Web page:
Photo: Theodore Shifrin: His "immaculate board technique" helps students to understand complex mathematical concepts. Photo by Paul Efland.
Professor of mathematics
Great teaching is grounded in scholarship that transcends mere classroom performance. The truly outstanding teacher constantly reshapes and reinterprets the content of a course. That combination of scholarship with teaching makes Theodore Shifrin one of UGA's outstanding teachers.
A native of Berkeley, Ca., Shifrin received the bachelor's degree at the Massachusetts Institute of Technology and the master's and doctoral degrees at the University of California at Berkeley, finishing in 1979. After serving as an instructor at MIT for two years, he came to UGA as an assistant professor in 1981. Shifrin was promoted to associate professor in 1986 and to professor in 1995.
Kevin Clancey, head of the mathematics department, says Shifrin has "an infinite supply of energy, spectacular day-to-day dedication, and genuine enthusiasm toward our students and the science of mathematics."
One former student, James Anderson, who now teaches mathematics at the University of Southhampton in England, says that Shifrin is "an excellent, inspired lecturer. His courses were always lively, interesting and well-thought-out. His lecturing style is vibrant, with well-organized lectures which flow smoothly, and with immaculate board technique that makes following the lectures easy."
Shifrin has written numerous research papers and is the recipient of several major research grants from the National Science Foundation. When his book Abstract Algebra: A Geometric Approach was published last year, one reviewer said: "This is lovely mathematics, and showing students at this level how algebra sheds light on geometry (and vice versa) is a beautiful idea."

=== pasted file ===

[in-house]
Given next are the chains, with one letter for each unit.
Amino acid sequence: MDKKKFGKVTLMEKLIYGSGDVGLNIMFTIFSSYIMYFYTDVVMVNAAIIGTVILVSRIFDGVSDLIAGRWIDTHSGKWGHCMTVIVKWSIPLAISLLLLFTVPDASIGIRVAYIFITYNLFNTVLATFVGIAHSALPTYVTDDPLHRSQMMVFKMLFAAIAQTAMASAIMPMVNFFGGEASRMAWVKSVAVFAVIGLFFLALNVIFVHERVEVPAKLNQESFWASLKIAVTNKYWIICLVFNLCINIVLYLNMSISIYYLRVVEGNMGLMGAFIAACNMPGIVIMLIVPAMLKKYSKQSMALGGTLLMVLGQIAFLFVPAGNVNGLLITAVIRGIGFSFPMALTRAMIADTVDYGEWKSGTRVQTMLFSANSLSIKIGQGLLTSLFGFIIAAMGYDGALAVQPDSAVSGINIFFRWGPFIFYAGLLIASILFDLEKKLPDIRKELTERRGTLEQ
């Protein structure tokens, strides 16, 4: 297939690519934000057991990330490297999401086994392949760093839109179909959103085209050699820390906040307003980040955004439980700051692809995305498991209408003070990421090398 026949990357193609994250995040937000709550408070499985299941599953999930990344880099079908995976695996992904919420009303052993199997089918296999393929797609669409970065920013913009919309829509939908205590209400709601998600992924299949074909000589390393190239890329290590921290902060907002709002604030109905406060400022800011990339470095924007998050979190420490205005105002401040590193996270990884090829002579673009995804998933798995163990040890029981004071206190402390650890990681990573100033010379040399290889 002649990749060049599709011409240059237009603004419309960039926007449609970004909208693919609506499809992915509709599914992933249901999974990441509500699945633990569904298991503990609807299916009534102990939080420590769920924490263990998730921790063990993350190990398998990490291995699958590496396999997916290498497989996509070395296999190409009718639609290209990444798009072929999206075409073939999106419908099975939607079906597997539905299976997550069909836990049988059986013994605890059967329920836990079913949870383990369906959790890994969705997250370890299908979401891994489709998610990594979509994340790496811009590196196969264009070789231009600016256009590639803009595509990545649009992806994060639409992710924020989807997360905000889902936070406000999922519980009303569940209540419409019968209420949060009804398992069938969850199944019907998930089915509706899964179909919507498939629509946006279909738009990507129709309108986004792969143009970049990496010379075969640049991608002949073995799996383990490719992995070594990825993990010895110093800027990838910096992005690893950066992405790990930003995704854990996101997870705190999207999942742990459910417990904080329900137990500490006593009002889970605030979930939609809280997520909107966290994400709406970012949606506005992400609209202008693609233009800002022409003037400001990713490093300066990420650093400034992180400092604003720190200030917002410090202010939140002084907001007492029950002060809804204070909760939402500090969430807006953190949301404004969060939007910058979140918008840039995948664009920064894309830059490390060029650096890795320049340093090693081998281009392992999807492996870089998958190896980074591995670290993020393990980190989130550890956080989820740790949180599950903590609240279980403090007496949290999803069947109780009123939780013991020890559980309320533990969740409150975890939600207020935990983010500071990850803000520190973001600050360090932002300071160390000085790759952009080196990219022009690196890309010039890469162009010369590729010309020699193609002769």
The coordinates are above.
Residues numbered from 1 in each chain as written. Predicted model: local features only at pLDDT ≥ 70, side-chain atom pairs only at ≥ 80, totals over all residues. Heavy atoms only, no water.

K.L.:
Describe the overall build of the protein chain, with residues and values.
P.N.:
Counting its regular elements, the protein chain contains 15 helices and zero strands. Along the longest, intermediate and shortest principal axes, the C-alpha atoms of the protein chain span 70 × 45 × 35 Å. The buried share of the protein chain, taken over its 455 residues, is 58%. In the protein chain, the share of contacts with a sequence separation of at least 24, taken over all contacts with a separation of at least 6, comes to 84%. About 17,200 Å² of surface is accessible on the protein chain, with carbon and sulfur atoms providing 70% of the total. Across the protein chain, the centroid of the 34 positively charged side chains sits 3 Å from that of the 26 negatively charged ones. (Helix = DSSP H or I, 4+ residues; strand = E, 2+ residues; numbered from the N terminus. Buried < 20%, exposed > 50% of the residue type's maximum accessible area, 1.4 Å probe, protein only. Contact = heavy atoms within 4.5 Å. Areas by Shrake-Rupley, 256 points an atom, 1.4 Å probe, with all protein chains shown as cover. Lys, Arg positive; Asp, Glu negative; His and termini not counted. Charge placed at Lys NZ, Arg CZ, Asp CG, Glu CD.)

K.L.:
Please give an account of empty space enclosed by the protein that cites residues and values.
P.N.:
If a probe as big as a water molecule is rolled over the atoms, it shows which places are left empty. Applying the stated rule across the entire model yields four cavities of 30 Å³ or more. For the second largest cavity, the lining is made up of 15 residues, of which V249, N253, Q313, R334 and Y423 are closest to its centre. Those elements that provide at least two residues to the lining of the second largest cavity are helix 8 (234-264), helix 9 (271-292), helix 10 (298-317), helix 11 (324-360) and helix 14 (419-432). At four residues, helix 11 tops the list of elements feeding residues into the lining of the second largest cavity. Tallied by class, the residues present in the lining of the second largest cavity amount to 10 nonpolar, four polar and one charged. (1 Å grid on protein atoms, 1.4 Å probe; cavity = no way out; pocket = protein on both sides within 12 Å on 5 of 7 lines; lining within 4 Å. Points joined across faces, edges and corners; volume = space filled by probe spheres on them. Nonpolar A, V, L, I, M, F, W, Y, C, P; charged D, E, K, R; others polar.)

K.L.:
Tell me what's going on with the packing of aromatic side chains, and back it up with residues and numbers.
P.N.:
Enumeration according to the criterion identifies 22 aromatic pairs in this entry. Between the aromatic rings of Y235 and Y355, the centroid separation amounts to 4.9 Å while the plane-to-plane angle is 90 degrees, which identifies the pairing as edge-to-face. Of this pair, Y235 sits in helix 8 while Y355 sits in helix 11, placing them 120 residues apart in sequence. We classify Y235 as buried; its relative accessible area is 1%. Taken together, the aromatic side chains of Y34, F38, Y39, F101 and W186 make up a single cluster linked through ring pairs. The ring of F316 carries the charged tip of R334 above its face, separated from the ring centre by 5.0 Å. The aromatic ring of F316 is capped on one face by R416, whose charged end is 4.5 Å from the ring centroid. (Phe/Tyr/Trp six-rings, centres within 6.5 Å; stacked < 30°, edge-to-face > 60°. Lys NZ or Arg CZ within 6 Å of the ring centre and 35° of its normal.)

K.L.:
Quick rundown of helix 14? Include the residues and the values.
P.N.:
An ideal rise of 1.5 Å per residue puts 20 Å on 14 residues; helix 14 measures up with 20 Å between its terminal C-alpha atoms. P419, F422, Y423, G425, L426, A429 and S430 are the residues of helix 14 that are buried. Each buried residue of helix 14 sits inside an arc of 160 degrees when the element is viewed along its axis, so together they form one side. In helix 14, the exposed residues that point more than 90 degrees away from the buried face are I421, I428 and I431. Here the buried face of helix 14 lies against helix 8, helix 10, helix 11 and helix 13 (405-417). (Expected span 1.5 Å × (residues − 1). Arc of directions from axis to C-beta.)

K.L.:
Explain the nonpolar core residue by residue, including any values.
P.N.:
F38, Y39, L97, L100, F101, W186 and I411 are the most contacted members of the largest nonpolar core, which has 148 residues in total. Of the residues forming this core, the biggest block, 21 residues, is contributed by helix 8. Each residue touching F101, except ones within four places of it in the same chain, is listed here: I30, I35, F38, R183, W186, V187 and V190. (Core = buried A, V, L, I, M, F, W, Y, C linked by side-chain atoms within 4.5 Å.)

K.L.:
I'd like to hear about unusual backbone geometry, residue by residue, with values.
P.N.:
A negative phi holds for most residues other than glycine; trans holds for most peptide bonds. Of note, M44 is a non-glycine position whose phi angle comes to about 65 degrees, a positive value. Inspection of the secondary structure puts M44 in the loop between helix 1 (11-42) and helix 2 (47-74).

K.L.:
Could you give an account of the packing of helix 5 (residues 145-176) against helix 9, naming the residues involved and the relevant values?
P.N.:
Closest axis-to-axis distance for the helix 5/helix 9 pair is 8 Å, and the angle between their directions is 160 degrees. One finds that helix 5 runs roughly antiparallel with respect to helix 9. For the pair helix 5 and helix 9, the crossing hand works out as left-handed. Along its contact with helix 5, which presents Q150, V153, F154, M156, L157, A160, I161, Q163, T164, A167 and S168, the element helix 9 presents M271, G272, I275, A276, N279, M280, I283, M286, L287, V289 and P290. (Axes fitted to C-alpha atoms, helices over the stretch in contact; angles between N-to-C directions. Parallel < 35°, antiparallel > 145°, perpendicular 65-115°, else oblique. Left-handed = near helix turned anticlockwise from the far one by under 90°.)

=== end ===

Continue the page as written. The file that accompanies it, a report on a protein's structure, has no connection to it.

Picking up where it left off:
Shifrin is a five-time winner of the Outstanding Honors Professor Award and a recipient of the Sandy Beaver Excellence in Teaching Award as well. He is currently a Sandy Beaver Professor.
In a special section on education this past fall, U.S. News & World Report described Shifrin's class: "In Prof. Ted Shifrin's honors multivariable calculus class, the atmosphere is anything but impersonal. As the half-dozen students arrive for class, they exchange pleasantries--and even some good-natured barbs--with Shifrin."
Student comments have been consistently complimentary to Shifrin and the courses he teaches.
One writes, "I believe that Dr. Shifrin's most important quality is his focus on teaching students how to learn."
Another says: "Driven by his enthusiasm, Ted Shifrin pushes students to their limits and occasionally a bit past those limits. He nudges us along as he strives to move us toward our greatest potential and our deepest dreams."
Students appreciate the tone in Shifrin's classes. "On the first day of class," one former student writes, "Dr. Shifrin said, 'You can call me whatever you want, but I'm going to address you all by your first names because I think it's friendly.' Indeed, Dr. Shifrin's friendly, outgoing personality endeared him to all of us."